Read the report here.

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Impact of COVID-19 on DCMS sectors: First Report

The Digital, Culture, Media and Sport Committee is appointed by the House of Commons to examine the expenditure, administration and policy of the Department for Digital, Culture, Media and Sport and its associated public bodies

Sport, culture and tourism all operate to some extent by bringing people together for shared experiences. All have been hit hard by the Covid-19 crisis. While this report focuses on sectors within the Department for Digital, Culture, Media and Sport’s remit, it is important to remember that their difficulties will spill into the wider economy, and the health and wellbeing of the population as a whole

Read the report here.

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Roundhouse - Roundhouse Creating Futures Report

Young people have been hit hard by Covid-19 – especially their mental health and future job prospects. But we know that creativity can play a part in helping improve mental wellbeing and also in building the skills needed to take on future challenges and employment opportunities.

The Roundhouse Creating Futures report evidences, for the first time, the importance of our creative projects and the value of creativity on the future of the young people who take part in them – especially when it comes to getting a job.

We believe that young people should not be left behind in this crisis and we wholeheartedly believe that creativity has an intrinsic role in helping young people to become more resilient for the challenges that lay ahead.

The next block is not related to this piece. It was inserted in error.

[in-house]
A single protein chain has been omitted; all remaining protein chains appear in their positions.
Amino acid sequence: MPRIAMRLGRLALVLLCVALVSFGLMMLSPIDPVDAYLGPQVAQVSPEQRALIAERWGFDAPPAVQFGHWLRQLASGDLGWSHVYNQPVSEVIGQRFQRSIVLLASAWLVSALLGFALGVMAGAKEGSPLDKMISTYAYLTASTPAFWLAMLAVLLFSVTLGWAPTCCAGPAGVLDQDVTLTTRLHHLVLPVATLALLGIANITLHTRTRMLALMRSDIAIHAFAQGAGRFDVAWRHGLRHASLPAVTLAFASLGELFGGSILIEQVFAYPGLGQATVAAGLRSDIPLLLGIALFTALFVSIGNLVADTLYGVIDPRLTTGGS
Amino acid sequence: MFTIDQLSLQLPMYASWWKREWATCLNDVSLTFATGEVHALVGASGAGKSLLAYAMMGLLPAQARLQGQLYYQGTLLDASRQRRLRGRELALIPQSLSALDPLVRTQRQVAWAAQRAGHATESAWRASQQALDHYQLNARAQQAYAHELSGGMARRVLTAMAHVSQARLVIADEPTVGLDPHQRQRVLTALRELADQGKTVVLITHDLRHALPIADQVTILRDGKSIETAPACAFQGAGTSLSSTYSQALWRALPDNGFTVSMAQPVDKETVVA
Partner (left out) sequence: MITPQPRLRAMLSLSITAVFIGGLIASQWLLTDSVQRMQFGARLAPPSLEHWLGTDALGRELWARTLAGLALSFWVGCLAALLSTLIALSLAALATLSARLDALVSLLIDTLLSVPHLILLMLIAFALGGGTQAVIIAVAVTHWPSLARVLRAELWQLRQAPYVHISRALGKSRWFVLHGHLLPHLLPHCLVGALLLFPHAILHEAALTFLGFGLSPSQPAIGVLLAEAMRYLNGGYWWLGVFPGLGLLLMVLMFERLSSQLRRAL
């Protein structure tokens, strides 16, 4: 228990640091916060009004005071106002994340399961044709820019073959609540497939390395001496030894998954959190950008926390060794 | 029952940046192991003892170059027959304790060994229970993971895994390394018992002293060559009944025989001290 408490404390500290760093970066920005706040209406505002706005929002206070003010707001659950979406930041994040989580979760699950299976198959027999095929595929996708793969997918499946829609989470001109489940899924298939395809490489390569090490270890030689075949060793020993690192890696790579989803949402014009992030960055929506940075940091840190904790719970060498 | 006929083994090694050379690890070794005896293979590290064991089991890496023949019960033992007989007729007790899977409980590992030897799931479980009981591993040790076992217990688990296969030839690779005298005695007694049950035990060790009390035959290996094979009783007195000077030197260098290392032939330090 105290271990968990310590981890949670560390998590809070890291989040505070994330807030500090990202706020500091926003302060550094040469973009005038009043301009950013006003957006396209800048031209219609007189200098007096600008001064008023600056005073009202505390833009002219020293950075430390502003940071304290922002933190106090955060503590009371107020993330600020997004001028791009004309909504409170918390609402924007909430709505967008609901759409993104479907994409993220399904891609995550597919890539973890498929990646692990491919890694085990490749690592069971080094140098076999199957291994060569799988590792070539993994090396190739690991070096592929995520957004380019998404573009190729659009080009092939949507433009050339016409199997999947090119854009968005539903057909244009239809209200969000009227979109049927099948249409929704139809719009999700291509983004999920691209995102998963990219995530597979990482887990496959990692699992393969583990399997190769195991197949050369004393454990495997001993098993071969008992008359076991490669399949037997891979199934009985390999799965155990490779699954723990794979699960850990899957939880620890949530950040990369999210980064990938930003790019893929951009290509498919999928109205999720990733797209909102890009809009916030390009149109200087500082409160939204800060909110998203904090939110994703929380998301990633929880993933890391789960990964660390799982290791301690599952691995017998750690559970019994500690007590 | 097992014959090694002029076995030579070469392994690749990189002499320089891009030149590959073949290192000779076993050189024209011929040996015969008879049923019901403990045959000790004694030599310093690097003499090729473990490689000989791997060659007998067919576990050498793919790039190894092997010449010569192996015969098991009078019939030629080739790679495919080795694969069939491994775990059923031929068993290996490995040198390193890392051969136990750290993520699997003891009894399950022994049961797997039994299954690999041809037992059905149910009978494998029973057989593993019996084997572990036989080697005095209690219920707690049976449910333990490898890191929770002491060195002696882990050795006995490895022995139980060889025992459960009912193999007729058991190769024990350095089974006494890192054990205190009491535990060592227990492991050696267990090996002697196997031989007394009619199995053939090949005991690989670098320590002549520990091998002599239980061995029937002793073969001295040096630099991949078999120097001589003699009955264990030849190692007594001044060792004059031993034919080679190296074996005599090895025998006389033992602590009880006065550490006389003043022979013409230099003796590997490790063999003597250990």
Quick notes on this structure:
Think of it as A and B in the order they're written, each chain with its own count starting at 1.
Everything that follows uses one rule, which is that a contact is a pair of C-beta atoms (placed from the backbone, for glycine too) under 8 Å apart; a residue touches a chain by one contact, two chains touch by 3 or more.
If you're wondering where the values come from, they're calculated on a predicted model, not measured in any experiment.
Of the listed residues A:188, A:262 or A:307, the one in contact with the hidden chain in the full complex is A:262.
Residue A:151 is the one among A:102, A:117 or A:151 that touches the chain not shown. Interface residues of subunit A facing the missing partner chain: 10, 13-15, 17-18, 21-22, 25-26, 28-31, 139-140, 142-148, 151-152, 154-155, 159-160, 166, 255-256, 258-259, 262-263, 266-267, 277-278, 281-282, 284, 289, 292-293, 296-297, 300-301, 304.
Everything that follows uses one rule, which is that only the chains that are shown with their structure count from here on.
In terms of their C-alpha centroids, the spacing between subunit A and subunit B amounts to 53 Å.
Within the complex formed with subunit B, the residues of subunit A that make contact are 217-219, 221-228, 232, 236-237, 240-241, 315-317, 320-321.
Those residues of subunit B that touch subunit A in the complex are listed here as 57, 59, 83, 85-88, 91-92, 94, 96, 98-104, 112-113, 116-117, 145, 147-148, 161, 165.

Take a look at the report to find out how young creatives benefitted from their time at the Roundhouse and what we’re calling on the Government, funders and businesses to do, to support young people’s futures.

Read the report here.

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The Theatre Green Book

We’re living in a climate crisis. Theatre makers – like everyone else – want to respond to that emergency. But for theatre, the need to change is particularly urgent. If theatre is to be part of the most vital conversation humanity faces, then it has to change its practice. The Green Book provides clear standards for that change. In other volumes it will show how to improve the sustainability of theatre buildings and theatre operations. This volume is about making productions more sustainably

Read the report here.